1. ## Not an isomorphism

I need to show that $\mathbb{Q} \times Z_2$ is not isomorphic to $\mathbb{Q}$.

Mind you, I'm in the section of my book dealing with cyclic groups. I was able to handle the other problems in this set by showing that one group is cyclic and the and the other isn't, etc. But $\mathbb{Q}$ isn't cyclic and I don't see how $\mathbb{Q} \times Z_2$ would be either. Any thoughts?

Thanks!
-Dan

2. ## Re: Not an isomorphism

Dan,
Suppose $\phi:\mathbb{Q}\times\mathbb{Z}_2\rightarrow \mathbb{Q}$ is an isomorphism. Let x = (0,1). Then $0=\phi(0)=\phi(2x)=2\phi(x)$. So in $\mathbb{Q},\,2\phi(x)=0\text{ and then }\phi(x)=0$
Since $\phi$ is an isomorphism, x=0, contradiction.

3. ## Re: Not an isomorphism

Originally Posted by johng
Dan,
Suppose $\phi:\mathbb{Q}\times\mathbb{Z}_2\rightarrow \mathbb{Q}$ is an isomorphism. Let x = (0,1). Then $0=\phi(0)=\phi(2x)=2\phi(x)$. So in $\mathbb{Q},\,2\phi(x)=0\text{ and then }\phi(x)=0$
Since $\phi$ is an isomorphism, x=0, contradiction.
Thanks. That does show that they are not isomorphic, but what is this problem doing in a section for cyclic groups? Logically speaking the text should be looking for a proof using that concept.

-Dan

4. ## Re: Not an isomorphism

IF the two were isomorphic so we had an isomorphism $\phi$, then $\phi(\langle (0,1) \rangle)$ would necessarily be a cyclic subgroup of $\mathbb{Q}$ of order 2 under rational addition. Do the rational numbers possess such an additive subgroup (that is, is there ANY rational number q not equal to 0 with: q + q = 0)?

In other words, one group has a finite cyclic subgroup, the other does not. A similar proof holds for $\mathbb{Q} \times \mathbb{Z}_n$, for any positive integer n.

5. ## Re: Not an isomorphism

Originally Posted by topsquark
Logically speaking the text should be looking for a proof using that concept.

-Dan
(groans) I finally got those last two steps at 4 AM this morning. I now see that this proof is dependent on cyclic group properties. In my defense the text I am using almost exclusively uses the multiplicative format for cyclic groups.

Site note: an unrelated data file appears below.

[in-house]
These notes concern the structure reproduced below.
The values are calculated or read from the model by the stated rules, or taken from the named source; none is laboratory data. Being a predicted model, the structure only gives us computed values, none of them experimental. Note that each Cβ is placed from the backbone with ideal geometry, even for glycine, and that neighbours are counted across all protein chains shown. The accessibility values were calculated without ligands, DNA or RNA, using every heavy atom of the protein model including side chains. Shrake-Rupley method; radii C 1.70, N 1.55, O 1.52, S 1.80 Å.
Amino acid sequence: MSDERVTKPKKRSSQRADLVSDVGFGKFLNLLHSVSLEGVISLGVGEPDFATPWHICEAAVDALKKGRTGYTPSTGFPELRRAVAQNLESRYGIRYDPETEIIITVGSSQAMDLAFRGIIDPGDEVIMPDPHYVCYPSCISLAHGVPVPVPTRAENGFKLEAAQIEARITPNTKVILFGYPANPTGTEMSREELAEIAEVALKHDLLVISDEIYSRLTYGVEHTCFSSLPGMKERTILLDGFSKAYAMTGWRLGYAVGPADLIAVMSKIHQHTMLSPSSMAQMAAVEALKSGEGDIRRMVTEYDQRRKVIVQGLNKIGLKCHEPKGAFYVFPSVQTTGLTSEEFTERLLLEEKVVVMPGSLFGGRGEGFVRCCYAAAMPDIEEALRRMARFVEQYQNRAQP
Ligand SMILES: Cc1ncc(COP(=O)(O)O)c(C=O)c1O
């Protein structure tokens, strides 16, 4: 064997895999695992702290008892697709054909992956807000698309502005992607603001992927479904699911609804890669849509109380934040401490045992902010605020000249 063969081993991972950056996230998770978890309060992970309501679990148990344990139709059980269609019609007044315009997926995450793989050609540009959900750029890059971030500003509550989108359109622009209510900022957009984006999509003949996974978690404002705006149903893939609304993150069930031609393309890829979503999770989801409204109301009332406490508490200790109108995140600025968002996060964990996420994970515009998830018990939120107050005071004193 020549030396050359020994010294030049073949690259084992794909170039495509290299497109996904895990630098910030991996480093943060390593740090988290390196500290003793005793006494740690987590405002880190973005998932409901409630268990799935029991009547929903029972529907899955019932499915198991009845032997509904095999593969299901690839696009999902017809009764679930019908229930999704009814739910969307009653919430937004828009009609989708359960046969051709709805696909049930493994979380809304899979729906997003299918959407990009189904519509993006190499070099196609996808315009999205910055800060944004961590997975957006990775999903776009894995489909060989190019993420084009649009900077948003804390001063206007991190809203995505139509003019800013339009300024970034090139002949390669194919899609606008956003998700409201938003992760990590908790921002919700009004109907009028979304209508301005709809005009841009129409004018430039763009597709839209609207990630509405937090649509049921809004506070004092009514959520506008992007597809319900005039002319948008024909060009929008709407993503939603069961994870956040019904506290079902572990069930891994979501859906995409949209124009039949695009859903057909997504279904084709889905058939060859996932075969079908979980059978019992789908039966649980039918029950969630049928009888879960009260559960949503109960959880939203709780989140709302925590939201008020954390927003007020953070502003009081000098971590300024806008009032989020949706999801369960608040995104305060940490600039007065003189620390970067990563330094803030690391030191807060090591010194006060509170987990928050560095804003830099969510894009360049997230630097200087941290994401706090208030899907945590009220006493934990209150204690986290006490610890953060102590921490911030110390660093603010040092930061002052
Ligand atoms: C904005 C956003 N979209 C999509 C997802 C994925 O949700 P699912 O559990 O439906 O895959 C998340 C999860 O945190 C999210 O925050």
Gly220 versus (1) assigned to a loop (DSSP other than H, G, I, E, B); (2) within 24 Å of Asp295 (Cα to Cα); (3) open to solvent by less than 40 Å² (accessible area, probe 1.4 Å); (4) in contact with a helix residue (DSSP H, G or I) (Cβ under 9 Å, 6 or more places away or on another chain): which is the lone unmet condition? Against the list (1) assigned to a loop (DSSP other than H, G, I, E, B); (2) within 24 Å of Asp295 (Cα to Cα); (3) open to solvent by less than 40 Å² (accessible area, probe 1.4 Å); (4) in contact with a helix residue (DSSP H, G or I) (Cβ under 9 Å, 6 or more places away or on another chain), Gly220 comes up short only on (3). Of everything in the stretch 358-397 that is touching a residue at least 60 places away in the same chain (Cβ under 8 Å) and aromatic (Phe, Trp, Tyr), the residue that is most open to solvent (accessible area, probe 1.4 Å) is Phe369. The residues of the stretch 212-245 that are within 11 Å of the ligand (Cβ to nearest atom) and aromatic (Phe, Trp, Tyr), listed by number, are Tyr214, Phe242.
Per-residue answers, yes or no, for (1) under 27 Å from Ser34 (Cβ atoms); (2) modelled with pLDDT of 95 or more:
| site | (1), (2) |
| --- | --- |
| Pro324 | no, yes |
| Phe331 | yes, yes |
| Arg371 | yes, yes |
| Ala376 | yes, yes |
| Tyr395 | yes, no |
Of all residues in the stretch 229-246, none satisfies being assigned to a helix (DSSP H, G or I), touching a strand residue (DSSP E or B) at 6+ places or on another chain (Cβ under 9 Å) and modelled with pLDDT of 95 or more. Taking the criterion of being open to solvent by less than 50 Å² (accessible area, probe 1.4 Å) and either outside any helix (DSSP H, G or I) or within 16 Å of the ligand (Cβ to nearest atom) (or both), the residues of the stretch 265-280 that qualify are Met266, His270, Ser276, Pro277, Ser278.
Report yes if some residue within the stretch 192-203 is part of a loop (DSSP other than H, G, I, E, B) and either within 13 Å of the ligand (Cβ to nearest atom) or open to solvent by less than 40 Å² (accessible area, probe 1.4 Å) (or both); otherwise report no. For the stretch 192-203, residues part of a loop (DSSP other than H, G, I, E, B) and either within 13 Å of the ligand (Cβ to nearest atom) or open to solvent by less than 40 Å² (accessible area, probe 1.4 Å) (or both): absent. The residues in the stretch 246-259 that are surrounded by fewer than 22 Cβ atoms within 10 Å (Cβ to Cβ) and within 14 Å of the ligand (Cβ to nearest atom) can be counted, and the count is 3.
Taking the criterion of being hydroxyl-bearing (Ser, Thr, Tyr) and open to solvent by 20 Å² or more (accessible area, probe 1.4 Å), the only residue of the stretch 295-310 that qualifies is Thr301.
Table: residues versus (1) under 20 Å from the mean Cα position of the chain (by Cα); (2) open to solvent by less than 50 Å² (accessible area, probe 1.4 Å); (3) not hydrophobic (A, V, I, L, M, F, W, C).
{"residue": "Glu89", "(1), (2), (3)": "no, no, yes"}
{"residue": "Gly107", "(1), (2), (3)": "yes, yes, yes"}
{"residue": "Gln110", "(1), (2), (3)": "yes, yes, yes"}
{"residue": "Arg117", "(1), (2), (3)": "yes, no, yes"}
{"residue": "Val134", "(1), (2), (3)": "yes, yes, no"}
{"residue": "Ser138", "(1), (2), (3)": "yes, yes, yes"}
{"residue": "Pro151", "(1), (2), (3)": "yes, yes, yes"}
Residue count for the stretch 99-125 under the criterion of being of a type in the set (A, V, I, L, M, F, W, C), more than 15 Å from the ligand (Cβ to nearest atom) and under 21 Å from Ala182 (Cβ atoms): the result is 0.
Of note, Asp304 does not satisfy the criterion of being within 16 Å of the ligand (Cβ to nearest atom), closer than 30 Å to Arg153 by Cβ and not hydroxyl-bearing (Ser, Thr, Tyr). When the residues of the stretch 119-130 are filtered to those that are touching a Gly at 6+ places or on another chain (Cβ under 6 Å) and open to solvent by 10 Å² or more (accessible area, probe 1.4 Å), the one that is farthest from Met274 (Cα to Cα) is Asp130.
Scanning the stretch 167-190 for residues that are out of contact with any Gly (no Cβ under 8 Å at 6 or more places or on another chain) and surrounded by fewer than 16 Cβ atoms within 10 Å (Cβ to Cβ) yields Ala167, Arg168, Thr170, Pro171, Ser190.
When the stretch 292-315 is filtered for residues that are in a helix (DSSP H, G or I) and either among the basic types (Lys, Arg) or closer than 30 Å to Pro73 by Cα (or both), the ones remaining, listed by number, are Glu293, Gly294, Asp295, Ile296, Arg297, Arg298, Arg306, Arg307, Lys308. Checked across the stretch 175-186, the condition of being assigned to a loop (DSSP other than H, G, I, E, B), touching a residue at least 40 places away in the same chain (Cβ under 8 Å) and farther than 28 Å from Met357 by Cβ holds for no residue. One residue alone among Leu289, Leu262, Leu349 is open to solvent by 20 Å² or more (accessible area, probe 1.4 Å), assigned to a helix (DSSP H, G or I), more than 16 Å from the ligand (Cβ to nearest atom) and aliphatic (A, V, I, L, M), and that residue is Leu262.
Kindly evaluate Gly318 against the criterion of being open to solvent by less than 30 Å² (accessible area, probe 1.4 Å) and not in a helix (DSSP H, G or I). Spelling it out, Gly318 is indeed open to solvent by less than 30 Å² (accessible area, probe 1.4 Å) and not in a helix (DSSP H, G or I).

-Dan

6. ## Re: Not an isomorphism

Here is a fun exercise:

The groups (Z4,+) and (Z5*, .) are isomorphic, but

f(k (mod 4)) = k+1 (mod 5) is not an isomorphism. Why not, and what is a "better" formula for an isomorphism (there are two I am thinking of)?

7. ## Re: Not an isomorphism

Originally Posted by Deveno
Here is a fun exercise:

The groups (Z4,+) and (Z5*, .) are isomorphic, but

f(k (mod 4)) = k+1 (mod 5) is not an isomorphism. Why not, and what is a "better" formula for an isomorphism (there are two I am thinking of)?
For starters f(k) isn't a homomorphism: For x, y in Z_4 we have
f(xy) = xy + 1
f(x)f(y) = (x + 1)(y + 1) = (xy + 1) + (x + y)

I can't seem to construct a bijective function g(k). The best I can do using the homomorphism property is g(k) = g^k(1), a cyclic group with generator g(1). But g(1) can only take the values 2, 3, or 4 and none of them work.

-Dan

8. ## Re: Not an isomorphism

The operation in Z4 is ADDITION.

However, it IS true f isn't a homomorphism:

f(x + y) = x + y + 1
f(x)f(y) = (x + 1)(y + 1) = xy + x + y + 1, and since 5 is prime, Z5 is an integral domain, so if x,y are non-zero, so is xy.

The two possible isomorphisms are:

f(k (mod 4)) = 2k (mod 5) and
g(k (mod 4)) = 3k (mod 5)

for example:

f(k (mod 4) + m (mod 4)) = f(k+m (mod 4)) = 2k+m (mod 5) = (2k (mod 5))(2m (mod 5)) = f(k (mod 4))f(m (mod 4)).

The group (Z5*, .) is also known as the group of units of Z5, or U(5). In this group, 2 and 3 are primitive elements (generators). This is in direct analogy to the primitive 4-th roots of unity, as both 2 and 3 are square roots of -1 (which is 4 in Z5):

(x - 2)(x - 3) (mod 5) = x2 - (2 + 3)x + 6 (mod 5) = x2 + 1 (mod 5).

9. ## Re: Not an isomorphism

Originally Posted by Deveno
The operation in Z4 is ADDITION.
Gaaaaaa! Hey, when I screw up I like to do it right! Thanks for the catch and the extra problem.

-Dan